- API data.nasa.gov | Last Updated 2018-07-19T13:08:25.000Z
Access to space for Small Satellites is enabled by the use of excess launch capacity on existing launch vehicles. A range of sizes, form factors and masses of small sats need to be accommodated. An integration process that minimizes programmatic/technical risk to the primary, allows "late flow" integration and predictable cost/schedule for the secondary enables regular and cost-effective access. The integration process proceeds smoothly when the right adapter accommodates the secondary in a seamless way. Design_Net, with our commercialization partner SpaceAvailable Inc. has designed a family of adapters that meet these criteria and one has been selected by NASA to complete development for targeted NASA rideshare opportunities. We are also currently working with United Launch Alliance (ULA) for a broader class of rideshare accommodations, and development of interfaces that allow late access on Evolved Expendable Launch Vehicles (EELV)s. Design_Net will continue, via this SBIR Phase 2, to develop the selected adapter to a structurally tested engineering model. This adapter can accommodate everything from 6u and 12u carriers to full up "ORS class" (800lb) small satellites and is applicable to Minotaur IV, Falcon 9 and Taurus 2.
- API data.nasa.gov | Last Updated 2018-07-19T10:53:04.000Z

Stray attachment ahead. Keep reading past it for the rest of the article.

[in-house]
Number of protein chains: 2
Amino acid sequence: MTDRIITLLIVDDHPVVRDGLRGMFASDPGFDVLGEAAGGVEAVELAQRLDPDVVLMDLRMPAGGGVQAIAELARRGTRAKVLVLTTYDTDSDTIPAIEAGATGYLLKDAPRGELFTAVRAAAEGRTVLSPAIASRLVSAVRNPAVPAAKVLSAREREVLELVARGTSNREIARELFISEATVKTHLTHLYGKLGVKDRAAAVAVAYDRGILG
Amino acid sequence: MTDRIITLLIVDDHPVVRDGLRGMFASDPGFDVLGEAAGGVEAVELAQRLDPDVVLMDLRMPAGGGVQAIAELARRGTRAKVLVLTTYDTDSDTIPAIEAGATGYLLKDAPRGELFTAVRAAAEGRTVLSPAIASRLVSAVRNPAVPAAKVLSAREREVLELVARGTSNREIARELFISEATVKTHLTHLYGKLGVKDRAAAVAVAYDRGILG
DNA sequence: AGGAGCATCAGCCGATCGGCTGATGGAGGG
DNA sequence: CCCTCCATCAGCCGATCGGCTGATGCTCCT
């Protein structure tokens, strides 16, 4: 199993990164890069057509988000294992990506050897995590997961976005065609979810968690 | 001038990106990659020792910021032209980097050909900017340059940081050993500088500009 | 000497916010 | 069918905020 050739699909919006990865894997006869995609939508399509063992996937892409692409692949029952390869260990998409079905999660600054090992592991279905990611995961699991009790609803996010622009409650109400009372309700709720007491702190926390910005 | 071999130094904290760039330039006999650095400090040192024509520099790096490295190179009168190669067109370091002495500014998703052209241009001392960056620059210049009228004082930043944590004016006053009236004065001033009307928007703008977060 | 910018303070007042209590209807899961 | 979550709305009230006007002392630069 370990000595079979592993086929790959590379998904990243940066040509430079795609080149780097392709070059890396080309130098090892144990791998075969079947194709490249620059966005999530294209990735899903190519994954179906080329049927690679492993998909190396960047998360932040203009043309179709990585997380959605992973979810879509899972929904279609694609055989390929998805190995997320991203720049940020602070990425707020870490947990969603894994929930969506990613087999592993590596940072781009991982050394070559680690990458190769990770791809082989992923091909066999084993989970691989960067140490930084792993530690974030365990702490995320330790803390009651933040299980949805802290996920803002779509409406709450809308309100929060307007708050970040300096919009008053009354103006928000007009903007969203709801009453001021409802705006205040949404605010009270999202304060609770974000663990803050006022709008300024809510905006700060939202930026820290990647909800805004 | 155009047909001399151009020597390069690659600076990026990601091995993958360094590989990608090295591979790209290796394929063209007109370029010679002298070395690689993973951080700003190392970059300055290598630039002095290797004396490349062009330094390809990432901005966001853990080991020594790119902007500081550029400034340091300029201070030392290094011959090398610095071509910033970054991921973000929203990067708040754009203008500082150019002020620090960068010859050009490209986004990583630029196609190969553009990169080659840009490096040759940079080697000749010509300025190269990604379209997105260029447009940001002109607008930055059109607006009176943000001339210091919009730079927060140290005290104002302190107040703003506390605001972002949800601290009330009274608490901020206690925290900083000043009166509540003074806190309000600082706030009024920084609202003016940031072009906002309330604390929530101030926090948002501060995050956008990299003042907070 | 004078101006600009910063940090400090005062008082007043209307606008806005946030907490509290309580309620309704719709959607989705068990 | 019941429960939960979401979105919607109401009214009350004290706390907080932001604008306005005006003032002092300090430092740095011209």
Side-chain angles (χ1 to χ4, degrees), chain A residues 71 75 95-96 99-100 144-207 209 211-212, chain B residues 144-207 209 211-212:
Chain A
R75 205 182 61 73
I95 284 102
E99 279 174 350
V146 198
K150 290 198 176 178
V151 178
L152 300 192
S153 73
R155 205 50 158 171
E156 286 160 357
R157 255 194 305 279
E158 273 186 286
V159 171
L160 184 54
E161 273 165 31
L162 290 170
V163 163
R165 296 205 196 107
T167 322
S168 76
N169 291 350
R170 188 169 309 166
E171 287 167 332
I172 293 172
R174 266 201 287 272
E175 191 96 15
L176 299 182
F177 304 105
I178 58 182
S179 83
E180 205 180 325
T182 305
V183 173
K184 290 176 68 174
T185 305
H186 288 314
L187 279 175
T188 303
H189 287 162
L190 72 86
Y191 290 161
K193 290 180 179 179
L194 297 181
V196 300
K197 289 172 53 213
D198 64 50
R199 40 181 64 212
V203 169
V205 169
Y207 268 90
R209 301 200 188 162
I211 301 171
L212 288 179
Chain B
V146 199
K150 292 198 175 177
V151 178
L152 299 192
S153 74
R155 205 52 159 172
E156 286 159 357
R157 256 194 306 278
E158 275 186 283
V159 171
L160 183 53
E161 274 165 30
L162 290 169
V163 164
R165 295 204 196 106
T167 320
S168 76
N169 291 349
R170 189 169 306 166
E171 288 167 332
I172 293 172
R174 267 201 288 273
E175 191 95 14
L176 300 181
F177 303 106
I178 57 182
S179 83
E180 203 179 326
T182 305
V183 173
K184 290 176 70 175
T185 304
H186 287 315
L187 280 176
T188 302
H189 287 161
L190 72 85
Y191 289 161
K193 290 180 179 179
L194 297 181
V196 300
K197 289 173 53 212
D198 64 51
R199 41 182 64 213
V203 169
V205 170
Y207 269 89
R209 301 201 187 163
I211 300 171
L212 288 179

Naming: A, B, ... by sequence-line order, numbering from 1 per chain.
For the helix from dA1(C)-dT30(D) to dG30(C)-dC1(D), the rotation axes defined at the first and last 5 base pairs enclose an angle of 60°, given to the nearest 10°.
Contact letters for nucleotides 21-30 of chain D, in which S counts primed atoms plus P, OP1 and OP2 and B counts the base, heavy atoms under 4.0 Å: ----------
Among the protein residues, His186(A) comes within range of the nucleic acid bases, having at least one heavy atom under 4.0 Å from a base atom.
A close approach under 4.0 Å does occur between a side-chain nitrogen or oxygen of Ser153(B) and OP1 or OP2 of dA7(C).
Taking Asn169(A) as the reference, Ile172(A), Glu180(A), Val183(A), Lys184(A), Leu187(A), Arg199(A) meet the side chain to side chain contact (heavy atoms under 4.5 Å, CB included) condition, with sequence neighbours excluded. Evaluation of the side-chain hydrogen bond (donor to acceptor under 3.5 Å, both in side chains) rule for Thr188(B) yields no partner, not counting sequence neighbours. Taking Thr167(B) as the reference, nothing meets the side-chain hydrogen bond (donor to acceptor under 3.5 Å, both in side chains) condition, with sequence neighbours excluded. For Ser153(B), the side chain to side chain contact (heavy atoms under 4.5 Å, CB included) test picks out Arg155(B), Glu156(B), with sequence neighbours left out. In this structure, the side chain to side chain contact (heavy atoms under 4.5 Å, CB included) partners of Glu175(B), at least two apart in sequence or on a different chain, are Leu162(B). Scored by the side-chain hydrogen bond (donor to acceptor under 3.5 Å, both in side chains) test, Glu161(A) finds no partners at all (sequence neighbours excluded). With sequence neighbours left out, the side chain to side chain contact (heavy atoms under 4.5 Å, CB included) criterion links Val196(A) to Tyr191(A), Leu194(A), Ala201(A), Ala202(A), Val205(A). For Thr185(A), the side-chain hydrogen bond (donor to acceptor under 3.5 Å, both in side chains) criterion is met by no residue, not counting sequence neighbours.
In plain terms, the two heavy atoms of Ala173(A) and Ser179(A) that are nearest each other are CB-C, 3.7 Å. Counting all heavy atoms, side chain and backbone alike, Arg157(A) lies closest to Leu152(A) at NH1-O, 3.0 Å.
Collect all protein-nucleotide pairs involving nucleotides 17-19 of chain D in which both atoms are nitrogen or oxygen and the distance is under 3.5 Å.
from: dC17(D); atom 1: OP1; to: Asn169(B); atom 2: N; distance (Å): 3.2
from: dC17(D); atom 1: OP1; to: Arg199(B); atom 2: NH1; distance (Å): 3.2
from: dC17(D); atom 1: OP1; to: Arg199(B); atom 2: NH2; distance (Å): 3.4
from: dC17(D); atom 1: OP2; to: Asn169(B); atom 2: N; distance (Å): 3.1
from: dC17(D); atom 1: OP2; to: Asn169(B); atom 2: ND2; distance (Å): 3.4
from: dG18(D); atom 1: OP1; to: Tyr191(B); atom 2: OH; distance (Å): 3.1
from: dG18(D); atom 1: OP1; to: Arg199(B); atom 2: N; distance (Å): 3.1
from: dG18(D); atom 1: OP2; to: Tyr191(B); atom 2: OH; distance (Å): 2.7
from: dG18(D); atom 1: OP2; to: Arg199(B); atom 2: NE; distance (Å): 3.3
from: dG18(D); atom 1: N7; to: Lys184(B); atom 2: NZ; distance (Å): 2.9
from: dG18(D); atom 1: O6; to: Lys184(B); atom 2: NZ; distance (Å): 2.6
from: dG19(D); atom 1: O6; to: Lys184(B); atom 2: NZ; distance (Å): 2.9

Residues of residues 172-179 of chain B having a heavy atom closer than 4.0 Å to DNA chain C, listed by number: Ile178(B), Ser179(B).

<p>The project will develop a system of 3D-printed connectors that can be used as a kit of parts to connect inflatable air beams to form a variety of spacecraft interior outfitting components. Examples of inflatable IVA structures that can be assembled include crew quarters, waste & hygiene compartment, crew medical restraint system, splints, science payload racks, stowage and other equipment racks, science glove box, recreational devices, other portable devices, work surfaces and other workstations, support braces, other secondary structures, etc. This inflatable technology can enable such hardware to be packaged in much smaller volumes for delivery in logistics flights or potentially to be integrated within inflatable spacecraft, increasing trade space options. Crew can also reconfigure spacecraft in-flight, using the ability to 3D-print custom connectors to redesign living spaces or create entirely new interior architectures to respond to mission developments or psychosocial needs.</p> <p>The Habitabiltiy Design Center has already prototyped scale models of inflatable crew stations and initial prototypes of a standard interface connector. These connectors have demonstrated basic capability, but are too large relative to the airbeams for pracitcal use. We have a notional reduced size connector and will use this concept as a starting point, to fabricate and test under operational inflation pressures. Pending initial success, we will fabricate various connectors to provide several linear and angled connections. This will form the basic building block for assembly of a variety of crew stations and support hardware.</p><p> </p><p>This research addresses HAT Needs Numbers 12.1.a and 12.1.b and provides steps towards several HAT-specified performance targets: Bladder Material Selection: The potentially frequent cycles of inflation and deflation experienced by IVA inflatable structures will require bladder material and seal interfaces capable of resisting puncture, tear, flex cracking, or other damage due to folding, handling, or stowage temperatures. Predictive Modeling of Deployment Dynamics: Inflation or deflation may involve imparted torques and loads that require IVA inflatable structures to be anchored to the spacecraft secondary structure prior to the initiation of inflation or deflation. Lightweight Structures and Materials Optimization to Realize Structural System Dry Mass Savings (Minimum of 20-25%) and Operational Cost Savings: The inflatable air beam and connector technology offers significant dry mass savings over traditional IVA structural materials. Structural mass savings for an individual crew quarters is expected to be in excess of 75% over ISS crew quarters.</p><p> </p><p>The intended product deliverable of this activity includes three airbeams of at least 12-inch length and no less than one each of the following: 90-degree connector, 45-degree connector, 180-degree connector, 90-degree five-airbeam connector, 60-degree three-airbeam connector. Additionally, a test report and CAD models for each connector will constitute deliverables of this activity.</p><p> </p><p>Upon completion of this initial ICA effort, we will be able to demonstrate use of the airbeams in conjunction with existing Logistics to Living Modified Cargo Transfer Bags (MCTBs) to demonstrate deployable partitions as an initial example case. This demonistration will be helpful in explaining the potential for continued investment to reduce both mass and habitability risks. We will continue to pursue research funding for further development and will also pursue options to directly engage exploration programs to generate solutions for their specific mission architectures.</p>